Doc suggested that I take a rest but I knew that if I didn’t get straight back on I might not get back on at all and I had done a lot of training and come along way to complete this challenge.I jumped on a mountain bike and was on my way again, or so I thought. The saddle on the mountain bike was too low for me, so for a few miles I cycled with my bottom being thrown in the air with every rotation.I jumped in the van while Adrian from Classic Tours fixed the saddle height and I was on my way again.I worried that I was holding the group up, but them seemed pleased that I had continued and didn’t seem to mind at all.
The next section on a mountain bike with suspension was much easier.Doc stayed close by which helped boost my confidence. We stopped for lunch along the bank of the river Nile in a make shift tent, with lots of beautifully colored rugs. It was a well earned rest and the food was excellent.
I was warned that the first section after lunch would be difficult because it was a road which had been dug up and not resurfaced and that I might struggle; this only spurred me on. I wasn’t quite prepared for how difficult it would be and the distance it would cover; approximately 8 kilometers of strugglingto cycling across gravel and pebbles, some as big as those on Brighton Beach. After about 5 kilometers of pounding my wrists and bottom couldn’t take anymore and I conceded defeat and jumped in the van. To my relief I wasn’t the only person who had found the section too difficult as Cathy and Mike jumped in the Van with Tony and I to enjoy the scenery. I was disappointed that I had missed about 12 kilometers of the days ride, but we got back on the bikes and cycled the next section.The days cycling was 120 kilometers of which I completed around 90 kilometers, so I wasn’t too disappointed.
Day 2 – Aswan to Kom Ombo
Day two was on a much smoother surface, so is as back on the Pink lady. It made such a difference being back on my bike and I had a really enjoyabl morning ride. We spent the morning cycling out of the city of Aswan through traffic which was a bit hair raising to the two dams, the Low Dam and the High Dam.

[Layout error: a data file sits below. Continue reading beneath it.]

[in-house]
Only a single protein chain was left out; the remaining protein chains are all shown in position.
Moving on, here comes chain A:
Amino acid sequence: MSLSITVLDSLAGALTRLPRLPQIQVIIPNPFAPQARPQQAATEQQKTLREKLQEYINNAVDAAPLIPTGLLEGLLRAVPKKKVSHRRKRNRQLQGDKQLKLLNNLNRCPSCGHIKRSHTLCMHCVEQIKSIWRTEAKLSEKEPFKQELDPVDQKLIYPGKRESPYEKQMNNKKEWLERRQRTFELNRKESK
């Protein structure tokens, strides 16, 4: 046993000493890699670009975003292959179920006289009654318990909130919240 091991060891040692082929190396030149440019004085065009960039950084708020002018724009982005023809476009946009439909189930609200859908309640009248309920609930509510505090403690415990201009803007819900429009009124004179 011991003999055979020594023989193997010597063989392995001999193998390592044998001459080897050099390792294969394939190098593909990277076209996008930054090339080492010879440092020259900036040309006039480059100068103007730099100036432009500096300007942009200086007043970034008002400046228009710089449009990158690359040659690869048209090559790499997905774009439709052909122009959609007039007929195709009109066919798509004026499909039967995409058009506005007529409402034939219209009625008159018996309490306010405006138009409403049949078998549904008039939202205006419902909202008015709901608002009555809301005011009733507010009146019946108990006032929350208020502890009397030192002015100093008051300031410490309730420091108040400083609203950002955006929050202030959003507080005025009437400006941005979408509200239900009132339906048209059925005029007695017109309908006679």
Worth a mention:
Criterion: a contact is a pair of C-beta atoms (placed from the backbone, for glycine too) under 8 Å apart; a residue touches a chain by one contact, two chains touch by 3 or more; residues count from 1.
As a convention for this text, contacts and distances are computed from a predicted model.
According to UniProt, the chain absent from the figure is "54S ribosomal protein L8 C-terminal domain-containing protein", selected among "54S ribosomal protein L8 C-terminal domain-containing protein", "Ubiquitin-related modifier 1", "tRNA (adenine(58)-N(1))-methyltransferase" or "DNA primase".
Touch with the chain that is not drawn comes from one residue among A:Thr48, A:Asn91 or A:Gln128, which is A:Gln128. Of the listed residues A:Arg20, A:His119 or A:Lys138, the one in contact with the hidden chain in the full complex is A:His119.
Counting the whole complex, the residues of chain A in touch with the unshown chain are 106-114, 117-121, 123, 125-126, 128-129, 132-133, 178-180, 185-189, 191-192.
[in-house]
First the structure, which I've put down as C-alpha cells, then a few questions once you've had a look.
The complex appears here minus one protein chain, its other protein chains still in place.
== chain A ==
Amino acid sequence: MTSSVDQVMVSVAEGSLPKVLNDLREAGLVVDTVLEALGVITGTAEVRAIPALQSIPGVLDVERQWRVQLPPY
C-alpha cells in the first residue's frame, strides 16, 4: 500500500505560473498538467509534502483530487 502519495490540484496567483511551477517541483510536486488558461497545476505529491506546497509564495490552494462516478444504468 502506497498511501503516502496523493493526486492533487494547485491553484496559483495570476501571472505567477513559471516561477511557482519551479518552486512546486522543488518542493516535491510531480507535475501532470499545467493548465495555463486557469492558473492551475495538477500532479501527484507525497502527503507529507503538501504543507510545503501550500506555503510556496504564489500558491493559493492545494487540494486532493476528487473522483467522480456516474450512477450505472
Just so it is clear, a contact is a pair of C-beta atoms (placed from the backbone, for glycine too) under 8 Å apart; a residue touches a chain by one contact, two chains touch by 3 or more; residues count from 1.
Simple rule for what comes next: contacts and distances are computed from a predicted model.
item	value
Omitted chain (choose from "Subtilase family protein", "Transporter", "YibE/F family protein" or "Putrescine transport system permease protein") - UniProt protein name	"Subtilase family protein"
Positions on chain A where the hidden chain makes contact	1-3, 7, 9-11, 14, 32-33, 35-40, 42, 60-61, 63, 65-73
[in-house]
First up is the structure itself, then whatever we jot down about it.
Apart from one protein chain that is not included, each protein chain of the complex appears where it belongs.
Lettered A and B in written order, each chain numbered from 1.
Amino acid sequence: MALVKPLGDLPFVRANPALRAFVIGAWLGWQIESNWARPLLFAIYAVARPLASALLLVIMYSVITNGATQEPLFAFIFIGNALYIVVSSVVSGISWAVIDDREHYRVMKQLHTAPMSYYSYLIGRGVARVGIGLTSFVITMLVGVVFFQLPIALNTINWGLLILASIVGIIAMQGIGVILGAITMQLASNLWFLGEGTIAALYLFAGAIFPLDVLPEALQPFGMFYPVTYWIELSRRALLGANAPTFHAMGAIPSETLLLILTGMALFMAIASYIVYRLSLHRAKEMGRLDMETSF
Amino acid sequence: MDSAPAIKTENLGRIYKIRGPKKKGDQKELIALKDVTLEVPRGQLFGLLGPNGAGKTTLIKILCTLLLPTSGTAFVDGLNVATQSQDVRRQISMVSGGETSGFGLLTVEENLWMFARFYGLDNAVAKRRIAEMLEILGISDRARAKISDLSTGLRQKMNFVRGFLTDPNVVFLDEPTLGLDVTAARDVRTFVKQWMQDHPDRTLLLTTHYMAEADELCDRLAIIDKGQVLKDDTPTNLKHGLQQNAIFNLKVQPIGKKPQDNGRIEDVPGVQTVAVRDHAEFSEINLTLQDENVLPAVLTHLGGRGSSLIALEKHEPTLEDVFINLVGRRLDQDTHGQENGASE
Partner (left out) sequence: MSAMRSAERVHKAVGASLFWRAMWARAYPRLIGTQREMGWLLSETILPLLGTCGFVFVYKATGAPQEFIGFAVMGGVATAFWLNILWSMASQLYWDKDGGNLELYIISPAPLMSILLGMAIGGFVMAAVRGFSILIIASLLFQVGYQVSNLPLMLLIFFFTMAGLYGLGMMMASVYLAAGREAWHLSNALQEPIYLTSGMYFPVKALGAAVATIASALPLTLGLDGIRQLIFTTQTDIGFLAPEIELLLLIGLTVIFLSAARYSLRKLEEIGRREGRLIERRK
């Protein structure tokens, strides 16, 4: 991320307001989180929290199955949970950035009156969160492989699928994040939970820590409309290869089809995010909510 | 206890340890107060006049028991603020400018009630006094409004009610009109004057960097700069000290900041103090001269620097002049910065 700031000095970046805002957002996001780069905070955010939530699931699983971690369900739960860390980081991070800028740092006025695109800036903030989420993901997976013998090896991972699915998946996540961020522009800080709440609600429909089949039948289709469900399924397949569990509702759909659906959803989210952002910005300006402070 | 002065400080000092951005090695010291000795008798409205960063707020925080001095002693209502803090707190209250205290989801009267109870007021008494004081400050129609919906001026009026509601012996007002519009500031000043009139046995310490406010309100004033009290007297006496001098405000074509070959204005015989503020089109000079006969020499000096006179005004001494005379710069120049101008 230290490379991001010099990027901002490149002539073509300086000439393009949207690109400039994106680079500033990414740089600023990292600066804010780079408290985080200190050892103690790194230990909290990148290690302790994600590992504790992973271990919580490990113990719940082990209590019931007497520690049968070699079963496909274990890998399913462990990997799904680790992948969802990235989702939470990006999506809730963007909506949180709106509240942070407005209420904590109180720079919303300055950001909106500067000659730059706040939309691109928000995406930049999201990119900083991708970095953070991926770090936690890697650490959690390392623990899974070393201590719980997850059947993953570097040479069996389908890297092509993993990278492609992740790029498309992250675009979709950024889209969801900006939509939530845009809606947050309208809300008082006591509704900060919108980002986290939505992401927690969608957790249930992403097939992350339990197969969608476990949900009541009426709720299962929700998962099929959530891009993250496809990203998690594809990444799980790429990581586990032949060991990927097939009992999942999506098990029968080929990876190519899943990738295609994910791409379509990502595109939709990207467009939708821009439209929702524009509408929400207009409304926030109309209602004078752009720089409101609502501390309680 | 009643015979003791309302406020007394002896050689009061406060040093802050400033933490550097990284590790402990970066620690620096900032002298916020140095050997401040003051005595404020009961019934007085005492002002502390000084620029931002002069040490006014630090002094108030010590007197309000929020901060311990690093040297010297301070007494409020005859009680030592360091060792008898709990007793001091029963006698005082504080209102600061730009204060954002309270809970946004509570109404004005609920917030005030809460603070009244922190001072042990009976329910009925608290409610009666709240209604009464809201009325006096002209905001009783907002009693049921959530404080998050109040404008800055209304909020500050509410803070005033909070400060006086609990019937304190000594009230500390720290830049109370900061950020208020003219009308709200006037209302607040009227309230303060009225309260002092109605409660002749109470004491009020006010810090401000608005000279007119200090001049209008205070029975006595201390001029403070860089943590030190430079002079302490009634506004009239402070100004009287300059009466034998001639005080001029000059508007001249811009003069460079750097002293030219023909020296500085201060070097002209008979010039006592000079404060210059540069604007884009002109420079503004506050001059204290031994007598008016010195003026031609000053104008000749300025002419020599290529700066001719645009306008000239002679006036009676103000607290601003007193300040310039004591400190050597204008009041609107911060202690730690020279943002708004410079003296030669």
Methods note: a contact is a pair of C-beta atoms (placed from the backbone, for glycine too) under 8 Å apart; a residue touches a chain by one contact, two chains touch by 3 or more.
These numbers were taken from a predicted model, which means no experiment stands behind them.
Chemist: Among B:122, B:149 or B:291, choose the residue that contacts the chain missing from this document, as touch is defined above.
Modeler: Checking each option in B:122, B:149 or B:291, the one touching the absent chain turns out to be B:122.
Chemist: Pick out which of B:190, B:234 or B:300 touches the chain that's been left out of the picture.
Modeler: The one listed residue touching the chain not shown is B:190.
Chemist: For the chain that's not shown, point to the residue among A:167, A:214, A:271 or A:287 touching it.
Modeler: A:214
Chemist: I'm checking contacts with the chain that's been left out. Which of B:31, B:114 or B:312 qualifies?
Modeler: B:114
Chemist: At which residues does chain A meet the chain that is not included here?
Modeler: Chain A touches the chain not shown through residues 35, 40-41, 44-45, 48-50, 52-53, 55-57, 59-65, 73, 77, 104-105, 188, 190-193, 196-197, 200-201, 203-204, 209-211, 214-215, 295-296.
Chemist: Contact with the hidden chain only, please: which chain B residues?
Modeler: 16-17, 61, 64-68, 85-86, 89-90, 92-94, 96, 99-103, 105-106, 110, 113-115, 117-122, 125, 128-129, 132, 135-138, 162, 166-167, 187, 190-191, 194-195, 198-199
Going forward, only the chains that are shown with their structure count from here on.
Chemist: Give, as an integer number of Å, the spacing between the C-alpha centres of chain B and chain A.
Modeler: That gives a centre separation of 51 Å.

This involved cycling up a couple of hill sections, but I enjoyed the challenge. Fortunately or unfortunately my bike is exceedingly quick on the descent, which I find a little scary, so I spent the declines holding on for dear life. When we arrived the group went on a tour of the Low Dam with a guide, unfortunately I had to decline because my cycling leg is not made for walking and can be quite uncomfortable. I took the opportunity to bask in the sun and watch the world go by. We then made our way to the High Damn for a photo
Road to Kom Ombo
After a well earned rest we were back on our way. We arrived back in the town during lunch time traffic, which can only be described as hectic.On the way back up one of the hills a local taxi driver clipped Nimesh’s elbow, fortunately he wasn’t badly hurt. We decided to bunch up for the last section of the cycle back through the town to avoid any further incidents. Mike and I were somewhat of a novelty to the locals with our hi-tech limbs. People would shout hello as we cycled past, see my leg and either look surprised or excited and cheer us on. I was amazed at the positive attitude towards disability displayed by the locals. There were both supportive and helpful.
We cycled back to the boat for lunch and some R & R.
In the afternoon we headed north cycling through small villages. The local children were fantastic, shouting excitedly and running alongside the bikes waving their arms in the air, shouting “hello” “hello” “money” “pen”. Some of the adults were a bit more suspicious with the odd stone being thrown. One or two people were hit on the bottom with sticks (sugar cane poles). Chris was cut on the leg by a stone which looked more like a small rock! A minute pebble hit me on the head but I hardly felt it. During the afternoon the wind picked up making the cycling a lot more difficult.It felt like I was peddling up hill for the most of the afternoon.
In the evening we celebrated the half way mark with a fancy dress party and a barbeque on the deck of the Nile Queen. Nimesh came up with the idea of Cathy and I attending the party as Belly Dancers. We snuck off the boat on a secret mission to find some costumes. We found a local shop and bartered for our wears, but definitely paid too much and left with things we didn’t need.
The party was great fun with everyone dressing up including the guides! The only downside was that the alcohol was London prices, as the Egyptians only really serve alcohol to the tourists.
Day 3 – Kom Ombo to Esna
On day three we cycled 120 kilometers. This was the toughest day, with much of the cycling against a strong headwind as we headed northbound along the east bank of the river Nile .